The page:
A new study assessing the commercial and economic feasibility of enhancing off-grid solar inclusion in sub-Saharan Africa indicates that solar home systems (SHS) could offer the most cost-effective solution for providing electricity access for most unserved segments in the region.
Commissioned by the European Investment Bank and the International Solar Alliance, the study confirms that 120-million households across Africa lack access to reliable and affordable energy and that 60-million households are expected to remain without electricity by 2030.
This reality jeopardises the achievement of Sustainable Development Goal 7 (SDG 7), which aims to ensure universal sustainable electrification by 2030.
“Despite significant strides in the past decade on achieving SDG 7, a large population has been left behind,” the study states.
Five common challenges are identified, including:
- low customer affordability for SHS products;
- uncertainty in markets to effectively run businesses or drive sales;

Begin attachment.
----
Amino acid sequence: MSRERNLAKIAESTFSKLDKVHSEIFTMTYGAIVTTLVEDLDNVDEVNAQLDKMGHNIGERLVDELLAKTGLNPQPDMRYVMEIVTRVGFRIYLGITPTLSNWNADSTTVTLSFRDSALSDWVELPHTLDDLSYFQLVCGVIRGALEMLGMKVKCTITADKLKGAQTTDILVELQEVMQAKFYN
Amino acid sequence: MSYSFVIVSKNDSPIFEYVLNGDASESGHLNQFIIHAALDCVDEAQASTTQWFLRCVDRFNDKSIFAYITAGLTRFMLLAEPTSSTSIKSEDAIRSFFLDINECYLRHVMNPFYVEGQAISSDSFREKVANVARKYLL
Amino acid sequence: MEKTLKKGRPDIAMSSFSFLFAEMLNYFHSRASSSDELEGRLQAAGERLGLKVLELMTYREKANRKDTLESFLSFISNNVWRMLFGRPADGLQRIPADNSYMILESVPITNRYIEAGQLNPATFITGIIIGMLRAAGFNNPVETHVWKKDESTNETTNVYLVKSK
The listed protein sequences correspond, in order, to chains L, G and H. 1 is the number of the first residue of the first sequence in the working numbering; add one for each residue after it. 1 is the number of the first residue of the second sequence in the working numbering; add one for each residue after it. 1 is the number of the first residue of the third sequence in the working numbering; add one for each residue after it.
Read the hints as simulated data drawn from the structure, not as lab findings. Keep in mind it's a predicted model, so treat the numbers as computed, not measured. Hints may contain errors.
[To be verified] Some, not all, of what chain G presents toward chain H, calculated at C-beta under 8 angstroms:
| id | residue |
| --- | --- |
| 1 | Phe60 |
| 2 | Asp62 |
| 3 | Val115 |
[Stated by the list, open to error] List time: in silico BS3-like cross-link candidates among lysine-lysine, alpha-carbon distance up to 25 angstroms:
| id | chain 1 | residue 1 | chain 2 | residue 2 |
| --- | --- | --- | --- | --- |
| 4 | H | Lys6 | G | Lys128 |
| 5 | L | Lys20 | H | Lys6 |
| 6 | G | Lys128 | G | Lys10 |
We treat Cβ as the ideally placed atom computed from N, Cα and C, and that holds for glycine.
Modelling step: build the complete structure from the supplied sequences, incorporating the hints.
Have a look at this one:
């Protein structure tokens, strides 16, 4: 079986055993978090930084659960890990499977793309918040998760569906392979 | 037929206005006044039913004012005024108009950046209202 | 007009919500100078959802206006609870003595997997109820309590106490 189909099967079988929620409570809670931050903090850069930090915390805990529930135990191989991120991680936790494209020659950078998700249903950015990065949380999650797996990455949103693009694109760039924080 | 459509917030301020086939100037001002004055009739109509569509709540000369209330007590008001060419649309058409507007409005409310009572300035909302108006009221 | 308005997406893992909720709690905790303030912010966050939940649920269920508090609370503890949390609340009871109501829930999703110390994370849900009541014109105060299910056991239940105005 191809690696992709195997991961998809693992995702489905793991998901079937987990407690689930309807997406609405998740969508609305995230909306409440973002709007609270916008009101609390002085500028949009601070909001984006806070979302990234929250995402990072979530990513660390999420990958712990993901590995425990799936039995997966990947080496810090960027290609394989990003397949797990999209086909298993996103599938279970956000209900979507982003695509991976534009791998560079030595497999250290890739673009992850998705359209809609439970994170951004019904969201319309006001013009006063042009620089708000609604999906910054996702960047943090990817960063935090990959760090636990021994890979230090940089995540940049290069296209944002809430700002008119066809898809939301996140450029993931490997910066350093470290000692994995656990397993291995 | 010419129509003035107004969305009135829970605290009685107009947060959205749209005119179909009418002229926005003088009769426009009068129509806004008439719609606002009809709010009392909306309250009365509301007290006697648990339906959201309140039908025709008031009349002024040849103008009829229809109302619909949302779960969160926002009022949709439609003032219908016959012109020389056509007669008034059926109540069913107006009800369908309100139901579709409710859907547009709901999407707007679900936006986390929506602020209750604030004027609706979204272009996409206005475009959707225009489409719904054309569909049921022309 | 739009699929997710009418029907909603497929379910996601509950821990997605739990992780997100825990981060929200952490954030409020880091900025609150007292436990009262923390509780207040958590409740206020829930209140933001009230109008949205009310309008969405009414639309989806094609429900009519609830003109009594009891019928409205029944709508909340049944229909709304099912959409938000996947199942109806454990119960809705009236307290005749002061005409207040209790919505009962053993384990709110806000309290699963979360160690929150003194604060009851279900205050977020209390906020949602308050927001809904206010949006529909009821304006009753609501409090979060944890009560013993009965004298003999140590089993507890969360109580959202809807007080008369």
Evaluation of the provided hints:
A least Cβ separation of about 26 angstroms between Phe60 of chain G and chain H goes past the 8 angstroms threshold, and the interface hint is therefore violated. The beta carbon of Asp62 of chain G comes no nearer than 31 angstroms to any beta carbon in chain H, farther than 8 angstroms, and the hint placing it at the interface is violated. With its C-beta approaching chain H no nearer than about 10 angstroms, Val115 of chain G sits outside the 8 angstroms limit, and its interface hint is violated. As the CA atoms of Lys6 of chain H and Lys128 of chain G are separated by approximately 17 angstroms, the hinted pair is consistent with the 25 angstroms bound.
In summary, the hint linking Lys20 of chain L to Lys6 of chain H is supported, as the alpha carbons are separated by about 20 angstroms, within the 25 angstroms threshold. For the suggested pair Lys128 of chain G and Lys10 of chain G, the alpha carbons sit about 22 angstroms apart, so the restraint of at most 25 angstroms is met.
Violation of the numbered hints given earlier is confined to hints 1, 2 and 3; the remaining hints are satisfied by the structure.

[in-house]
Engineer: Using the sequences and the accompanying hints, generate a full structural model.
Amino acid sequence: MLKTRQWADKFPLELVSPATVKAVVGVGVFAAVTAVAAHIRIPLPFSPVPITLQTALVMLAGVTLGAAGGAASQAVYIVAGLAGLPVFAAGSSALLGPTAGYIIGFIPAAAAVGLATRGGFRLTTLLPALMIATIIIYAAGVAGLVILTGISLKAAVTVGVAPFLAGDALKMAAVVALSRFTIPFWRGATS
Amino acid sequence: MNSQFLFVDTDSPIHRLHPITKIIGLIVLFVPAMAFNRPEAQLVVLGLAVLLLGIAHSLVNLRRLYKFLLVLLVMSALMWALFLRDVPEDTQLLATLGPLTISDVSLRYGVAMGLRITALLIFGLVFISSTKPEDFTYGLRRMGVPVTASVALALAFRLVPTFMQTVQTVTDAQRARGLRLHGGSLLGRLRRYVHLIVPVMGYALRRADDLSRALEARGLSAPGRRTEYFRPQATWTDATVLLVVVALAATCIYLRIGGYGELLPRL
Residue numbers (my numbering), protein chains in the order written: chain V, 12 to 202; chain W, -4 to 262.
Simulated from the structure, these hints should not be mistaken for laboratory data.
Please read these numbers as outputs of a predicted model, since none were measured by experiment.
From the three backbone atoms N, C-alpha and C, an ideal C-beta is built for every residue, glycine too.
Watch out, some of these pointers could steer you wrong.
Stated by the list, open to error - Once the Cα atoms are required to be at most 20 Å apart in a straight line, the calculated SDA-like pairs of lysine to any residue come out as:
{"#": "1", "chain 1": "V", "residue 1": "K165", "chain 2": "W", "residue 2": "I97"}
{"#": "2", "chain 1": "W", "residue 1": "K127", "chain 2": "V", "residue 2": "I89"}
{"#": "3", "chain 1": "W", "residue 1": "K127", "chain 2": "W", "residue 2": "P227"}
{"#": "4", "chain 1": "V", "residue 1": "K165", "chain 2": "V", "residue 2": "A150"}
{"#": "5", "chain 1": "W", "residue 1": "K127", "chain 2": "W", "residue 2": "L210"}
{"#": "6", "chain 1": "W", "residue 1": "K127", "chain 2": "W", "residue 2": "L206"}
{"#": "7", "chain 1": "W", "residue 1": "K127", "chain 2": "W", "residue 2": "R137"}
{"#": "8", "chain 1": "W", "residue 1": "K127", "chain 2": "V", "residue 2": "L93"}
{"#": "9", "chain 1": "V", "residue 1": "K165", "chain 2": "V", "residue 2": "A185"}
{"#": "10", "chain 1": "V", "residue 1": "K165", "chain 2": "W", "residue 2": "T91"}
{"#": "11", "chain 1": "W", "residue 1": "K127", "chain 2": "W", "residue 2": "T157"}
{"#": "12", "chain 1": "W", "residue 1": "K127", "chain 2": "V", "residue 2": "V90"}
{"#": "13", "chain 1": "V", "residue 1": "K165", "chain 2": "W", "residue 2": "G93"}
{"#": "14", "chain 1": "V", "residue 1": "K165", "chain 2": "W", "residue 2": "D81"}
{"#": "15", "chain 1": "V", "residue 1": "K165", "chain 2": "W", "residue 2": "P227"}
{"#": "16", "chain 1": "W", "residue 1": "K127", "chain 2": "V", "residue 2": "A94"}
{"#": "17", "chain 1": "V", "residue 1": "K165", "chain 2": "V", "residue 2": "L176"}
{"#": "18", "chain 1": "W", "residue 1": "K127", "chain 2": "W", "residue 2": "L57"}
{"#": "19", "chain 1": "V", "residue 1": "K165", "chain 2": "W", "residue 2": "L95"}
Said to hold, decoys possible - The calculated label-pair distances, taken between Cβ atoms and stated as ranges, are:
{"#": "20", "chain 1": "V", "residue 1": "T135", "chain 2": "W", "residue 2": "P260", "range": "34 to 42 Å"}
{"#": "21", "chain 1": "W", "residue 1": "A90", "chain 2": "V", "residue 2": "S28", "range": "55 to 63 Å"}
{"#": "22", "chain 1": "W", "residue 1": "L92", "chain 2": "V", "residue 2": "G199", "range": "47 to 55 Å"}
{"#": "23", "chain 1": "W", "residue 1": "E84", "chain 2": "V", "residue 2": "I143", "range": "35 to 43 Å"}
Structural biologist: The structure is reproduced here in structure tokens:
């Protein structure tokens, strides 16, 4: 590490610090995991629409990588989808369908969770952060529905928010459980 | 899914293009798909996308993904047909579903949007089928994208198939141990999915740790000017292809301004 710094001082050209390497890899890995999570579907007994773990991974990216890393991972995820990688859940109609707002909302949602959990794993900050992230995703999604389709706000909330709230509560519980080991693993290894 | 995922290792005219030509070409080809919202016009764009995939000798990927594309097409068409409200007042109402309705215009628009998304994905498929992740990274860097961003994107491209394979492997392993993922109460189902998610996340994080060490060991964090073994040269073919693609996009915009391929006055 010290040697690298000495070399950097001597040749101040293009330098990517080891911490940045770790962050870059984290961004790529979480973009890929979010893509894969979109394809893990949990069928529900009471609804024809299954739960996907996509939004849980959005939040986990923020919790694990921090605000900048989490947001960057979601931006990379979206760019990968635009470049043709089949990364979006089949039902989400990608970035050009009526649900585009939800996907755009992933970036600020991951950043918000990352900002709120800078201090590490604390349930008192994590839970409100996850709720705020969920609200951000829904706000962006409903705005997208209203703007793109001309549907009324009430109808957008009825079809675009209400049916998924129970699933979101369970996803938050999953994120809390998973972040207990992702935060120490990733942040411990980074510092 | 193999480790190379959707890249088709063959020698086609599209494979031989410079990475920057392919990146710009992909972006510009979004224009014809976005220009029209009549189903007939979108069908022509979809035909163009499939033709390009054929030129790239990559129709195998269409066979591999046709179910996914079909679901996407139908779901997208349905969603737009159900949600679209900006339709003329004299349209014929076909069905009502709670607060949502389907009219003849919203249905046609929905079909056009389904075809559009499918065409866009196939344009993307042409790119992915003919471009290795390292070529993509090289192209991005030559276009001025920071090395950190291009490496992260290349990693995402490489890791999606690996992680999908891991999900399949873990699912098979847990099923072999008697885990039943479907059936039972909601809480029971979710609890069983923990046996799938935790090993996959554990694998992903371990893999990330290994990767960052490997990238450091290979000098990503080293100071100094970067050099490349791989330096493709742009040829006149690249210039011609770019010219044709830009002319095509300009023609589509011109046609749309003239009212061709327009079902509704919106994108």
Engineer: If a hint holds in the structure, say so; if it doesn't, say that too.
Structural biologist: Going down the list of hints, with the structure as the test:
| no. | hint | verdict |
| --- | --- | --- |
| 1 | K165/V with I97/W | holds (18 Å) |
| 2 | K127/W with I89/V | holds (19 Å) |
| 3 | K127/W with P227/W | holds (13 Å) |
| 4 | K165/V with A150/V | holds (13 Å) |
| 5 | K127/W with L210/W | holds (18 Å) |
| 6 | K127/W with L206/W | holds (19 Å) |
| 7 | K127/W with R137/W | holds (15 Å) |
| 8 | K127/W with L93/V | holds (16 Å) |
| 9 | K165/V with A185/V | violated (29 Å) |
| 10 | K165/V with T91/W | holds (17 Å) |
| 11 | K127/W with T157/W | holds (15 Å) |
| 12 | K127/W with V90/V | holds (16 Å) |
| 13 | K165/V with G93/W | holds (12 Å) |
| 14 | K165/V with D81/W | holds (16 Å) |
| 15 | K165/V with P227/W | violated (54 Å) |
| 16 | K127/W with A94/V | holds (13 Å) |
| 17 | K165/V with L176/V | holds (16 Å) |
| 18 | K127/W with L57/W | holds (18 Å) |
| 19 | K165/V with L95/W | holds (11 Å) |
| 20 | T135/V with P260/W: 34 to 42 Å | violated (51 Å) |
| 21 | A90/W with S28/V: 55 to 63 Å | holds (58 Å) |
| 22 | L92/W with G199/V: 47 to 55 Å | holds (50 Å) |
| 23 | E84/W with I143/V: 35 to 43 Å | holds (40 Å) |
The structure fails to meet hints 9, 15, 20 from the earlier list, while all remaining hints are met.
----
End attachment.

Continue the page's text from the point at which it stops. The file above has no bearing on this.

- difficult last-mile distribution and resultant high costs to serve remote populations;
- insufficient liquidity stemming from constrained working capital availability; and
- instability in the political and economic environment.
The study concludes that blended finance – which combines the powers of development finance institutions, bilateral and multilateral funders and governments – has a strong role to play in catalysing and accelerating markets to reach unserved segments.
Having complete the feasibility study, the report proposes further engagements with African countries to create an appropriate financing structure to support a scaling up of off-grid systems, including SHS solutions.
“The ground-breaking analysis demonstrates how closer cooperation between African, European and global partners can unlock investment and technical barriers that hold back sustainable development and the green transition,” European Investment Bank VP Ambroise Fayolle said in a statement.
International Solar Alliance director-general Dr Ajay Mathur added that the study details what can be done to increase access to clean energy for off-grid rural areas, including refugee camps, urban areas and remote villages across Africa.